Minister of Finance Samir Radwan allocates LE 47 million to state-owned papers to offset losses suffered during the uprising. Activists and bloggers write off the move as an attempt to buy the papers’ loyalty.
Amid calls to step down, Egypt’s Prime Minister Ahmed Shafiq resigns. Essam Sharaf, former transportation minister, is asked to form a new cabinet.
Protesters storm the headquarters of State Security in Alexandria, reportedly after hearing that personnel were burning official documents.
The police force quickly quells the riots though injuries are reported.
Two men are killed in clashes between Muslims and Christians over an alleged relationship between a Christian man and a Muslim woman.
The clashes result in the burning of Atfeeh Church in Helwan.
Cairo’s State Security building is stormed, again after reports of incriminating documents being destroyed.
Reports surface of documents being found that implicate State Security in the Alexandria Two Saints Church bombing on New Year’s. Just one day later, Mansour Essawy is named new interior minister, replacing Mahmoud Wagdi.
Nabil Al-Arabi, a former judge with the International Court of Justice, is named new foreign minister.
One of the first things he does is restore ties with Tehran, confirming that the nation no longer sees Iran an enemy.
A demonstration commemorating International Women’s day in Tahrir Square erupts into tension and violence as hundreds of women are seen arguing with men and being pushed away from the square.
Some cases of sexual harassment are also reported on a day that leaves many women pessimistic about the future of the country and their inclusion in the upcoming transitional phase.
After people allegedly armed with sticks and knives clash with protesters in Tahrir, authorities violently disperse the demonstration, detaining nearly 174 people, among them 17 girls.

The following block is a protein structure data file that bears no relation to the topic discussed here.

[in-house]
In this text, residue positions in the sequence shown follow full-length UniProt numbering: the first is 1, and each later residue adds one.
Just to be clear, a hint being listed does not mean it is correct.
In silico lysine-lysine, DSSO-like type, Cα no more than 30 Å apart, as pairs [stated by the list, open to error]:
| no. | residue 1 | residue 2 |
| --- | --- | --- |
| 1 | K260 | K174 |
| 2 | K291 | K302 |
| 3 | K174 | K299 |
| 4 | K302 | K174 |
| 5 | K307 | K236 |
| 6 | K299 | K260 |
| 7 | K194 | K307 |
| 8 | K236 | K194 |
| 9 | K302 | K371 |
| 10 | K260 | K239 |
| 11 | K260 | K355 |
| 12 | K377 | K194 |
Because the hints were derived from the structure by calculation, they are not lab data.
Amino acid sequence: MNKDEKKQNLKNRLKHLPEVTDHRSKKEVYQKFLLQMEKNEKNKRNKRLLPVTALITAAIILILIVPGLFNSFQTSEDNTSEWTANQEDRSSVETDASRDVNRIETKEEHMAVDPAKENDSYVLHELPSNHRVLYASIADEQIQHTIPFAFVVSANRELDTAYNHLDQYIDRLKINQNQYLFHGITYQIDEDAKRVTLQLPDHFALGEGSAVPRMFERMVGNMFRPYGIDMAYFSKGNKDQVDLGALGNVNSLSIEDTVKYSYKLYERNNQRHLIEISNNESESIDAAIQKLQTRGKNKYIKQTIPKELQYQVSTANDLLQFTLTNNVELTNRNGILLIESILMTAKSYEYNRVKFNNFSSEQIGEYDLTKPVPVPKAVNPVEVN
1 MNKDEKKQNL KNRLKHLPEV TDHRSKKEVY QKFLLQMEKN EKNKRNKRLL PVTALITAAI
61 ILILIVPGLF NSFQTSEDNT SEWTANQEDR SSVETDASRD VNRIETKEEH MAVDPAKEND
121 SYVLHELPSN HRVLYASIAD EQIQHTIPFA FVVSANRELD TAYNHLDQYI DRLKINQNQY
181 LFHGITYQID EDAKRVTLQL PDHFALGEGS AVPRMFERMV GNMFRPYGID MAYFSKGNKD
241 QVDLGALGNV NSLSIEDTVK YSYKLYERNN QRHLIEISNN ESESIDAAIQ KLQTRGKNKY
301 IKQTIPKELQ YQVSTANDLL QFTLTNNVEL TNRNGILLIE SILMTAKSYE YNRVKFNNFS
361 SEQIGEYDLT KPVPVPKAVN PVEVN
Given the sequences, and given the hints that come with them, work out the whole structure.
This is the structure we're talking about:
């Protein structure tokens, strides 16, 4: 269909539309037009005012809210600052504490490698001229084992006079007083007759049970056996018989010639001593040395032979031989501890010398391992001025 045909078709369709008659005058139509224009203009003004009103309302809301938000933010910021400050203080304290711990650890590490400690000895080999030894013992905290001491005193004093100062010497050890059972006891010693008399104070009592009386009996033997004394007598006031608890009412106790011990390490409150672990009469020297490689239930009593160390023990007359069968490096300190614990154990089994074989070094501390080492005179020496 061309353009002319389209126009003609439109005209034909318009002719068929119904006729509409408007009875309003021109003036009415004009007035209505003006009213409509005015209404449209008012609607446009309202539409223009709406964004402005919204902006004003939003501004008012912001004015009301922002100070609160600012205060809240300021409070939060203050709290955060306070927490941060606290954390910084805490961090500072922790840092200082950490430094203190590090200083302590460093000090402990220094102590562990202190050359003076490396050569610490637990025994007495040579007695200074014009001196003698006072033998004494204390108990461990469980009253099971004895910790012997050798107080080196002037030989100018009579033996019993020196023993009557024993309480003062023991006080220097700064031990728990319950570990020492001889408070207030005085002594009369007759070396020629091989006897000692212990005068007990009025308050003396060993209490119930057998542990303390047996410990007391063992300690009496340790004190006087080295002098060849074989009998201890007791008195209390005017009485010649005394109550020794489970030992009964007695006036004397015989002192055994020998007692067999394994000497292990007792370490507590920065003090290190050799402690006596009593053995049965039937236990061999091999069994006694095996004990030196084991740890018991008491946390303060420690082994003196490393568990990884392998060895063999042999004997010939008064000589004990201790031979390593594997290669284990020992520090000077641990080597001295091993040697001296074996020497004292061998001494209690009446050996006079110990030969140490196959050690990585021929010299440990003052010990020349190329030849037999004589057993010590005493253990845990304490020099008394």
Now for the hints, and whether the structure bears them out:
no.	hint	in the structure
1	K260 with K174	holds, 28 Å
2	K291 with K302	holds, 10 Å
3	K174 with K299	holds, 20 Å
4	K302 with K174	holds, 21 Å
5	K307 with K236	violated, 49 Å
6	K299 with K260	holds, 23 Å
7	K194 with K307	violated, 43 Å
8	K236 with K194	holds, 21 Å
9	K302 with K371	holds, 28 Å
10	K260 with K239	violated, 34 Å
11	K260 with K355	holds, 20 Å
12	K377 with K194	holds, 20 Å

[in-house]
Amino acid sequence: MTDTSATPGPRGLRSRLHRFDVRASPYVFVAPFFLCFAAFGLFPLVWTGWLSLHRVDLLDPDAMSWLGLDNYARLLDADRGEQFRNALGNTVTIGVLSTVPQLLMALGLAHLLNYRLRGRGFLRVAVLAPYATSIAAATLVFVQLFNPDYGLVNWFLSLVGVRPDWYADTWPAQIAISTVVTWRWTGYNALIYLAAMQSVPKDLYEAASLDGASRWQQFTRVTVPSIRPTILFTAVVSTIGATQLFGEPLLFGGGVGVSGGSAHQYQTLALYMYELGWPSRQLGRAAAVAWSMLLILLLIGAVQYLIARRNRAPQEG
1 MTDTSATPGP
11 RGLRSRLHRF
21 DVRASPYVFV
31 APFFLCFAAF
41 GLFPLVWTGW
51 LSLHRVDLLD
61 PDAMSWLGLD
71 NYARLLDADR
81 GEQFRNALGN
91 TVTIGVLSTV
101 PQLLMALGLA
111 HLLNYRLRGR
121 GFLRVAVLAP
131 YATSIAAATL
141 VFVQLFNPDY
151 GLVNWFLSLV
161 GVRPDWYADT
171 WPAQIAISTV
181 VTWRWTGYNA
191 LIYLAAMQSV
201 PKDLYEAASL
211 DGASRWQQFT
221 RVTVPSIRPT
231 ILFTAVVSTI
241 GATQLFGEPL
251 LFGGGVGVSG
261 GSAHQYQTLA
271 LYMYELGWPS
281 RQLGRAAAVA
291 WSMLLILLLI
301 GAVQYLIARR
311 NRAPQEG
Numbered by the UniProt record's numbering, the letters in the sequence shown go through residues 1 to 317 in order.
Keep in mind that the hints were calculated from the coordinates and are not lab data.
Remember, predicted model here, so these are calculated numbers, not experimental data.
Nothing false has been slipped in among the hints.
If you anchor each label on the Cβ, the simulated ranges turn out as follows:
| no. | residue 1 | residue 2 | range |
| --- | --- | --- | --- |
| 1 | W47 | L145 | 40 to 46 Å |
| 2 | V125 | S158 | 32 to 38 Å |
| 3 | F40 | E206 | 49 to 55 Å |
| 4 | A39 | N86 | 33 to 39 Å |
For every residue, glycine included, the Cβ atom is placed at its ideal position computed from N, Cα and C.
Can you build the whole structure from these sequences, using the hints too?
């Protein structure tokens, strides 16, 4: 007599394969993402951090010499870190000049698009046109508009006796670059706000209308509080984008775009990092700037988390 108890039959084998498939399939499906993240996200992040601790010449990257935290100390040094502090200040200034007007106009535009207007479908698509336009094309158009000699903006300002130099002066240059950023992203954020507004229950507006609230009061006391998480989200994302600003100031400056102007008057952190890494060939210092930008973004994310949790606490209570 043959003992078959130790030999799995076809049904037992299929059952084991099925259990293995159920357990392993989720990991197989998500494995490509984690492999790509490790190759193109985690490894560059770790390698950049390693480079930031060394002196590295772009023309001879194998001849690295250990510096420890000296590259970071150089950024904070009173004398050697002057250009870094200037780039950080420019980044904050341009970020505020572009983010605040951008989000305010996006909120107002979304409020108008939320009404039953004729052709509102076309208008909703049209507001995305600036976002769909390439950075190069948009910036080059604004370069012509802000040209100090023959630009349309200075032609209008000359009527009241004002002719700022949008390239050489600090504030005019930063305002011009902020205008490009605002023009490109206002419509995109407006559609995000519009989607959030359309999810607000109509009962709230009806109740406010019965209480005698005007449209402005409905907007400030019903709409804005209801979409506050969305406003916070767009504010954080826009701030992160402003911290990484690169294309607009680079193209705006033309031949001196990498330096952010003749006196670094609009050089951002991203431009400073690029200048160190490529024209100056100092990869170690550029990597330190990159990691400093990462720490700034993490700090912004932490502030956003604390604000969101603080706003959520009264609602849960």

Allegations soon surface that detained demonstrators were tortured and that female detainees were strip-searched and subjected to “virginity tests.”
The SCAF approves a new draft law to crack down on crimes such as intimidation, thuggery and disturbing the peace.
Under the new law, the death penalty may be handed out if criminal acts of thuggery result in murder.
Nobel Peace Prize laureate and former chief of the United Nations nuclear agency Mohamed ElBaradei announces his intention to run for presidency.
Aboud El-Zomor, head of Al-Gamaa Al-Islamiya in Egypt, is released from prison after serving 30 years for plotting former President Anwar El-Sadat’s assassination on October 6, 1981.
A few days after his release, El-Zomor appears on a talk show where he justifies the spilling of blood and shows no remorse over Sadat’s killing.
The general prosecutor orders the arrest of Abdel Nasser El Gabry and Ibrahim El Khatib, former NDP members, on charges of planning and financing attacks on protesters on February 2.
The State Security Agency is disbanded, and a new National Security Office is created and tasked with ensuring state security within the bounds of the Constitution and national law and with respect for human rights.
Egyptians get their first real taste of democracy in decades, going to the polls in a referendum on nine amended articles of the Constitution.
A total of 18.5 million Egyptians take part in the poll, with 77% voting yes to the amendments, amid allegations that members of Islamic groups such as the Muslim Brotherhood and Salafis are using religious influence to help sway the vote in their favor.
Shortly after, Mohamed Hussein Yacoub, an influential Salafi preacher, congratulates his flock on winning ghazwet el-sanadeeq (the battle of the ballot boxes).
A video of Yacoub’s speech clocks up almost 50,000 views on the video-sharing website YouTube.
The Cabinet approves a law criminalizing strikes and protests, with penalties of up to one year’s imprisonment.
The Egyptian Stock Exchange opens after a hiatus of 39 days.
After a 30-minute suspension of trading to contain an early plunge, stocks prices go up in comparison to February.
The end of the quarter sees Egypt’s economy shrink 4.2 percent, amid the worst political crisis facing the country in three decades.
Food prices increase by over 20% in comparison to the previous year and the Egyptian pound drops 5% against the dollar since the beginning of the year, standing at LE 5.98 to the dollar.
The SCAF announces parliamentary elections will be held in September and that a travel ban has been imposed on former president Hosni Mubarak.
Maikel Nabil Sanad is arrested for penning a blog post entitled, “The people and the army were never one hand” that allegedly slanders the SCAF.